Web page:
Over 90 factory automation managers, engineers and trainers gathered in Waldkirch, Germany to find out what innovations were on offer at SICK company’s Automation Days
SICK is traditionally famous for its plant and process safety equipment, but at the company’s 2010 Automobiltage, held at its Waldkirch headquarters, the technology company offered insights into new areas of company activity. At the event, a total of 16 automotive manufacturers and suppliers spoke about their individual applications of SICK factory automation products from the ‘Sensor Intelligence’ portfolio, the presentations interspersed with presentations made by SICK representatives, who offered details on many of the company’s new areas of investigation.
Many of the biggest European carmakers were represented at the event, with delegates from Audi, BMW, Daimler, Ford and Volkswagen. The impressive attendee and speaker list also included senior engineers and managers from Tier suppliers and manufacturing equipment makers such as ABB, Bosch, Dassault Systèmes, Dürr, EDAG, Festo, FFT, Kuka, Schaeffler, Siemens and ZF.
Proceedings were started by SICK’s Markus Paschmann, who offered an overview of global automotive industry. He observed that while China and India are significant players in terms of overall production, their combined market impact is still unclear. According to Paschmann, global production will continue to be very volatile as it strives to meet the fluctuating demand and supply model choices suitable for cash-rich buyers and those with less disposable income.
Ewald Quell, of eQ-Innovation, a production technology consulting company, presented on the future of manmachine flexible production. Showing examples of how employees have moved from ‘direct working’ to management and support processes, Quell posed the thought-provoking question: “Will the man be removed from the factory in the same way that the horse was removed from farming?” He also covered the difference between Toyota’s method of integrating people into automated processes and the German style of installing as much automation as possible and then ‘fitting in’ the people.
Quell was followed by Reinhardt Mielke, Head of Planning for global body-in-white processes at Volkswagen. Mielke spoke in detail about a single mechatronic component and how it was one of the ‘building blocks’ of modern automation. In addition to this, he outlined the construction process of a modern BIW cell, contrasting old and new ways of managing the work and how to avoid duplicated efforts in installing and proving systems through the use of centralised engineering teams. He further touched on the VW policy of de-centralising command processing, putting intelligent units in each cell to send and receive information as each unit dealt with every operation carried out in that station. The result was a simpler fault-finding process and the potential to add customisation for further flexibility.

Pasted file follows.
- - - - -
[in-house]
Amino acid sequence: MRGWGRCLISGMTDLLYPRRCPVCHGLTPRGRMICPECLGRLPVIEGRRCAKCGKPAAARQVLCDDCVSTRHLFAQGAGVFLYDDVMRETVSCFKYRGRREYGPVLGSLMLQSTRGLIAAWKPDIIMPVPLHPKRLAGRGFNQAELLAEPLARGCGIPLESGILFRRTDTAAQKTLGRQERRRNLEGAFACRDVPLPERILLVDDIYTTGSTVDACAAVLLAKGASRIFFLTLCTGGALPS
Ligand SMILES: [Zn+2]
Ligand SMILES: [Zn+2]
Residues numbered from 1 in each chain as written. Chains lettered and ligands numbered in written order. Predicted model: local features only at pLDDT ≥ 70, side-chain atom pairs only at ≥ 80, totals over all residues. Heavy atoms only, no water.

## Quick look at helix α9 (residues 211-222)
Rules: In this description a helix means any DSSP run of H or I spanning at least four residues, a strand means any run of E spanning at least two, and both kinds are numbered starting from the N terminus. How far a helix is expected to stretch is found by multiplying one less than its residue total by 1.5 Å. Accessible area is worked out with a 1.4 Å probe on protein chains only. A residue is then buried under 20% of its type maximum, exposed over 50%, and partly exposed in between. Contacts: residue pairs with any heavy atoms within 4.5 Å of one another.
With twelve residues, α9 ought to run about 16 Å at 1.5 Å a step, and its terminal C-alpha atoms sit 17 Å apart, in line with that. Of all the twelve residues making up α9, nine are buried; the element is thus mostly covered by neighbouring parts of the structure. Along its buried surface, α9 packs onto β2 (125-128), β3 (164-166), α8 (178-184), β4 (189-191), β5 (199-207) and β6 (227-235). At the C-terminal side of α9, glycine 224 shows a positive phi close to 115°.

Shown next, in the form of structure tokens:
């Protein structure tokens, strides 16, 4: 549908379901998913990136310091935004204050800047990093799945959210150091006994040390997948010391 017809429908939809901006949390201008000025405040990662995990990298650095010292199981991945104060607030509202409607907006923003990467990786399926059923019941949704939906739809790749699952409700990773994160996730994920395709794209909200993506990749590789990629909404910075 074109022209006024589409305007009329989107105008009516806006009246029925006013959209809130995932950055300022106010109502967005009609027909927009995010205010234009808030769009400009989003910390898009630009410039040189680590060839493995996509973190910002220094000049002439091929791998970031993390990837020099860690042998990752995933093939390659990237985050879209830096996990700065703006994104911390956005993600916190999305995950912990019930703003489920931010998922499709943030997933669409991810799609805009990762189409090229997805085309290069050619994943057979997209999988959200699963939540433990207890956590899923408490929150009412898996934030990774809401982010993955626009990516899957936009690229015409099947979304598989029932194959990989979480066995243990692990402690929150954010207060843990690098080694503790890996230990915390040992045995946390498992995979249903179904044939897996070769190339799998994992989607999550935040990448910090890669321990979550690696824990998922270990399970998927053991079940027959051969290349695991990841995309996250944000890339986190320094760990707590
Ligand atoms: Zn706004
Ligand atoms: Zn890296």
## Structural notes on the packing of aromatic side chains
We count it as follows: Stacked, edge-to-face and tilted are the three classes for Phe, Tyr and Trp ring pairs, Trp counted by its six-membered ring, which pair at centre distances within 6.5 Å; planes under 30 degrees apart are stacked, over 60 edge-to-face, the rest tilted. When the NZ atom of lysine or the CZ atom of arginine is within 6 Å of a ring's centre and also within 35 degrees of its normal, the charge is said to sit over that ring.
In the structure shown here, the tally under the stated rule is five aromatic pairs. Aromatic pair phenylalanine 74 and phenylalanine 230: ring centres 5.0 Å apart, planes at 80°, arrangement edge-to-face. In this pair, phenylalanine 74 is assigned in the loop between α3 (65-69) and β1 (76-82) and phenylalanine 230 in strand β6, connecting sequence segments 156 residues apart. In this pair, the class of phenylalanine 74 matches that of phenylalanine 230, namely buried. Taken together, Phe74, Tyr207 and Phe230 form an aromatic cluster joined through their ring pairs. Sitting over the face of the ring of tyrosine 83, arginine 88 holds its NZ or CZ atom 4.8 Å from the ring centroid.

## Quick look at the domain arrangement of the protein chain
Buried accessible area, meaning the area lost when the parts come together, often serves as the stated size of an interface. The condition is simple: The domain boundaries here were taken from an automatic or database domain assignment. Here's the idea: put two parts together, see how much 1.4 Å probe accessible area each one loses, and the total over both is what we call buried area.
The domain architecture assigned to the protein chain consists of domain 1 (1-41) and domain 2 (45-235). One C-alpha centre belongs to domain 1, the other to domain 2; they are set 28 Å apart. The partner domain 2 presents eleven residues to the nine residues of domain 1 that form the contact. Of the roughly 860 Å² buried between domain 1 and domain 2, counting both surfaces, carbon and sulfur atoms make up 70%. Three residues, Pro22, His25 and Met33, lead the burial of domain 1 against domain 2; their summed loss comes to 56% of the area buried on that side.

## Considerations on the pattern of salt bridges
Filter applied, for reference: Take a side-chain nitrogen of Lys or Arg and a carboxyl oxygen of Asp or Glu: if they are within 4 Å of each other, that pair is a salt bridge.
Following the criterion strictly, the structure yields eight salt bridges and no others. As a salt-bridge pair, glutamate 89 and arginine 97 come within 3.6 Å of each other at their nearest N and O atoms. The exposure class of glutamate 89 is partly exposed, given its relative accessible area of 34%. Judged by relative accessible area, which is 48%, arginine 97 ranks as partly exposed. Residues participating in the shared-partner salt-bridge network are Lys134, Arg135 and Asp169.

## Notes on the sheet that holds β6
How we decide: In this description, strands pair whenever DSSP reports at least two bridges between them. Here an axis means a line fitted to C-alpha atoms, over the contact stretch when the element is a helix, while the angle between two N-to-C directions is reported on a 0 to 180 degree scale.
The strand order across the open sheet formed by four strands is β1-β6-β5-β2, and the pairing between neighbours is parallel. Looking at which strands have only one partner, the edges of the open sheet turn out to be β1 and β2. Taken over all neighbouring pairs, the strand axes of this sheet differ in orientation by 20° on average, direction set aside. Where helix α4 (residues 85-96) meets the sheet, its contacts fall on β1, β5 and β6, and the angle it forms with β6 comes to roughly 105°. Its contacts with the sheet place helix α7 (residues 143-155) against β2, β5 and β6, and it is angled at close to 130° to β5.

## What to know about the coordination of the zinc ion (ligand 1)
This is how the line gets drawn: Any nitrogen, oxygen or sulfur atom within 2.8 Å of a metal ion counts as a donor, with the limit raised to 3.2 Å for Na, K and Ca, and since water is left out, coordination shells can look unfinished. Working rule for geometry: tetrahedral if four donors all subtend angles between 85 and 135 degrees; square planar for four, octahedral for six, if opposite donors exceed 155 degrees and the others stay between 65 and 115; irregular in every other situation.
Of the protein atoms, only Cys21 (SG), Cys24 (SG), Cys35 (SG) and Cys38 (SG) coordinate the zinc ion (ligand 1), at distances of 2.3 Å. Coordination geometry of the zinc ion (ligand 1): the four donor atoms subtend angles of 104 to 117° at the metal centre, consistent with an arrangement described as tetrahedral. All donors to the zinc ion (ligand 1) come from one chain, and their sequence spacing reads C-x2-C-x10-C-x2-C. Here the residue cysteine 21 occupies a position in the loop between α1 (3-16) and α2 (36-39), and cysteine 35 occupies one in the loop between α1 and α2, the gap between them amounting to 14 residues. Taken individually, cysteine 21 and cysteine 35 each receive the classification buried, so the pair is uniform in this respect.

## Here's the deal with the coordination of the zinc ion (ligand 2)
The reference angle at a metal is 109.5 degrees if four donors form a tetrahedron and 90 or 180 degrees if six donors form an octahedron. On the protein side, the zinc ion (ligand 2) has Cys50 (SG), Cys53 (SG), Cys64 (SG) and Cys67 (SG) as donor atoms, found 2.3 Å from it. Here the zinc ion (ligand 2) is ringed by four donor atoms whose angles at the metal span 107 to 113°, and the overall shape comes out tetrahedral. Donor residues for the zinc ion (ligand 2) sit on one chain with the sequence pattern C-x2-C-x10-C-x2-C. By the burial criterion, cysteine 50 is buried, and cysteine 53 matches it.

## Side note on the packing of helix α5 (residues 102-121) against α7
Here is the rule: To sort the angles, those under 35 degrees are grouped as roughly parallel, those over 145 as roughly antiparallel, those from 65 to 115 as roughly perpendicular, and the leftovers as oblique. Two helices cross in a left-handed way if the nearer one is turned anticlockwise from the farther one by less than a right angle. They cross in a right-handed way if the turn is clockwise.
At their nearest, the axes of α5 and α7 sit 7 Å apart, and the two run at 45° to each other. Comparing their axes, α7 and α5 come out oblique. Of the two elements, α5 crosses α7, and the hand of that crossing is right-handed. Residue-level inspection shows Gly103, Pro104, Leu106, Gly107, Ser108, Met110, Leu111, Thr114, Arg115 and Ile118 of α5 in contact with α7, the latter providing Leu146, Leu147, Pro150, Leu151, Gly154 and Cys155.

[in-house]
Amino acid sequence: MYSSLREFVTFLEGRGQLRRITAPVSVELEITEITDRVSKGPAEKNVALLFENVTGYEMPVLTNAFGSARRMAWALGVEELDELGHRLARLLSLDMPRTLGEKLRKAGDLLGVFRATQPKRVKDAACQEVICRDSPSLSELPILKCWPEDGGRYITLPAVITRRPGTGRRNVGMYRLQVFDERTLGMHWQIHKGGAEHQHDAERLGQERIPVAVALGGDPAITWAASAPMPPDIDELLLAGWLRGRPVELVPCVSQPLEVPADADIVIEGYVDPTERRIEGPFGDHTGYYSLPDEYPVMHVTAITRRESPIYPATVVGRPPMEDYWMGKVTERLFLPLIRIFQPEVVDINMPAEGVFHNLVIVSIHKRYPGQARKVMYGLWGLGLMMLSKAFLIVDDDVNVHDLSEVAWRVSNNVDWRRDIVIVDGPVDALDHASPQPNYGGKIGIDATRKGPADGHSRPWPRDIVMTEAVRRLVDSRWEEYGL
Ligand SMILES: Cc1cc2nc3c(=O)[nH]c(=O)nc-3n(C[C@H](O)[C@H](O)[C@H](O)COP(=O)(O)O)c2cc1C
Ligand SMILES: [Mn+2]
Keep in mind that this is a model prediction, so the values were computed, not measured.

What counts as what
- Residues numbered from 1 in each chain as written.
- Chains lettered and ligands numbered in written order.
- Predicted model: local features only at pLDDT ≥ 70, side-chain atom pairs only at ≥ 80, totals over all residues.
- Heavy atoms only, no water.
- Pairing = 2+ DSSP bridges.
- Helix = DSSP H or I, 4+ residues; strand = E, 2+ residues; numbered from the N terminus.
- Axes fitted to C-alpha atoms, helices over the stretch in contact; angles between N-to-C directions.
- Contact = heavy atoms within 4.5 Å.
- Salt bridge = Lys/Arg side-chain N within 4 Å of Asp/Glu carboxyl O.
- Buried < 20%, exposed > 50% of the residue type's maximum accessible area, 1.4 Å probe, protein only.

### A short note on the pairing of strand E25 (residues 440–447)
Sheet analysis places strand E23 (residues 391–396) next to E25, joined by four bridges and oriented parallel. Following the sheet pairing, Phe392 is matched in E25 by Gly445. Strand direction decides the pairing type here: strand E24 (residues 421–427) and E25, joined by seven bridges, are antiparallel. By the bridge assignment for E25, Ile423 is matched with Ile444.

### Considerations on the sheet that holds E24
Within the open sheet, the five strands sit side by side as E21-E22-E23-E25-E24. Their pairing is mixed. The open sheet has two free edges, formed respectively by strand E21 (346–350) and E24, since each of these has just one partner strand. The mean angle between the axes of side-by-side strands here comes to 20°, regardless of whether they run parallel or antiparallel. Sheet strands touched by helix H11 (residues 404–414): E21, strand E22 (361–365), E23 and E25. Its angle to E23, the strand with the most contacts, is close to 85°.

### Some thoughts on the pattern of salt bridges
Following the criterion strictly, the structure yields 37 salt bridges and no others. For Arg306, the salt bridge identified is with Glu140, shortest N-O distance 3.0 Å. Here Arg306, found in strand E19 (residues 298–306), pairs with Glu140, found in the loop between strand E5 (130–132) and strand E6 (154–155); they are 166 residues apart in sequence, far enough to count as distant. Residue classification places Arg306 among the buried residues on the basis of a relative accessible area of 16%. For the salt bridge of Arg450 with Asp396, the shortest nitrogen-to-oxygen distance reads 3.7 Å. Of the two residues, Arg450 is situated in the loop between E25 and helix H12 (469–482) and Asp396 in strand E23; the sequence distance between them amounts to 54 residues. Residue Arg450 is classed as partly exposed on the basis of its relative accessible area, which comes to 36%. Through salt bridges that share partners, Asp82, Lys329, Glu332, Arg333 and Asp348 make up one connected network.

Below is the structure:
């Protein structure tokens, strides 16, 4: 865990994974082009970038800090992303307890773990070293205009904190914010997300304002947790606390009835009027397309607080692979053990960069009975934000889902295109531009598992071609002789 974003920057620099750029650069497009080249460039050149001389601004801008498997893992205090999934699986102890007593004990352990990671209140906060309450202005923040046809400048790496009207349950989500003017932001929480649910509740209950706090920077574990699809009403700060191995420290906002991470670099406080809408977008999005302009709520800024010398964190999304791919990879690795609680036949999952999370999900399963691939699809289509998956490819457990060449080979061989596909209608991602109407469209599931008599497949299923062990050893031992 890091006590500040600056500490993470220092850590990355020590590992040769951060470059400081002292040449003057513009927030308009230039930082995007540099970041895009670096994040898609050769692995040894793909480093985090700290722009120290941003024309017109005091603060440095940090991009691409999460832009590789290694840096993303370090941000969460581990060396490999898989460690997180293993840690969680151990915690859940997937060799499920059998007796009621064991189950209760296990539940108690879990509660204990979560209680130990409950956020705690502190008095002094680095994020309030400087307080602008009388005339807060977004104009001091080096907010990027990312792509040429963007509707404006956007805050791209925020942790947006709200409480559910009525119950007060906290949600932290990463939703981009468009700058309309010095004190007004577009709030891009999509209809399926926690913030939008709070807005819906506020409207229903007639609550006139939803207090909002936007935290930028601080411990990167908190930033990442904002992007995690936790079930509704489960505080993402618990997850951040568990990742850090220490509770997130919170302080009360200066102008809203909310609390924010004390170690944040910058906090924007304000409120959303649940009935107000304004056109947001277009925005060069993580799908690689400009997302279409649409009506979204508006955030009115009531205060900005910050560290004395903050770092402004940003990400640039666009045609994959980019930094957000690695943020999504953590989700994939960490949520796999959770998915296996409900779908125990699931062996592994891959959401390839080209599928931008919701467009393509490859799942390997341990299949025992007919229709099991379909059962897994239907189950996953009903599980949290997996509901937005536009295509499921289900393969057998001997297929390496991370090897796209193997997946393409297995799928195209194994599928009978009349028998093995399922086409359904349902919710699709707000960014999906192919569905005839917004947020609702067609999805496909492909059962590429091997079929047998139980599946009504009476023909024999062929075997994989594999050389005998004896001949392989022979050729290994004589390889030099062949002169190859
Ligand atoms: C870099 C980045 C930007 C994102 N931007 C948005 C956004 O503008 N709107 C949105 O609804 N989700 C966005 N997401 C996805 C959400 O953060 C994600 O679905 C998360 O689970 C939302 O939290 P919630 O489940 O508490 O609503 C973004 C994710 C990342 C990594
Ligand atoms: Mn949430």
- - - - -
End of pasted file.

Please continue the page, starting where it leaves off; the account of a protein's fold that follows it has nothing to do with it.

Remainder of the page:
The SICK approach
André Hack, Strategic Industry Manager of Cars and Vehicles at SICK, covered flexible automotive production and how the company’s expertise could add value to any area of the automated factory – beyond safety. He further illustrated SICK’s competences, comparing multi-model lines with standard layouts and how the intelligent sensor was central to a flexible production facility. Further, he discussed automated ID or track and trace, and sensor usage in AGVs and robot applications.
Hack also covered the ‘cooperative workplace’, combining the flexibility of humans and the efficiency and precision of robots with effective sensor-driven management and how this was a natural extension of SICK’s expertise, noted by its slogan of ‘Sensor Intelligence’.
The SICK ‘Automobile Days’ proved to be an interesting forum for the exchange of ideas about the design of manufacturing hardware and software, robots, lasers and AGV technology. With such a wealth of ideas, it will be interesting to see what developments SICK has to present at the next such gathering.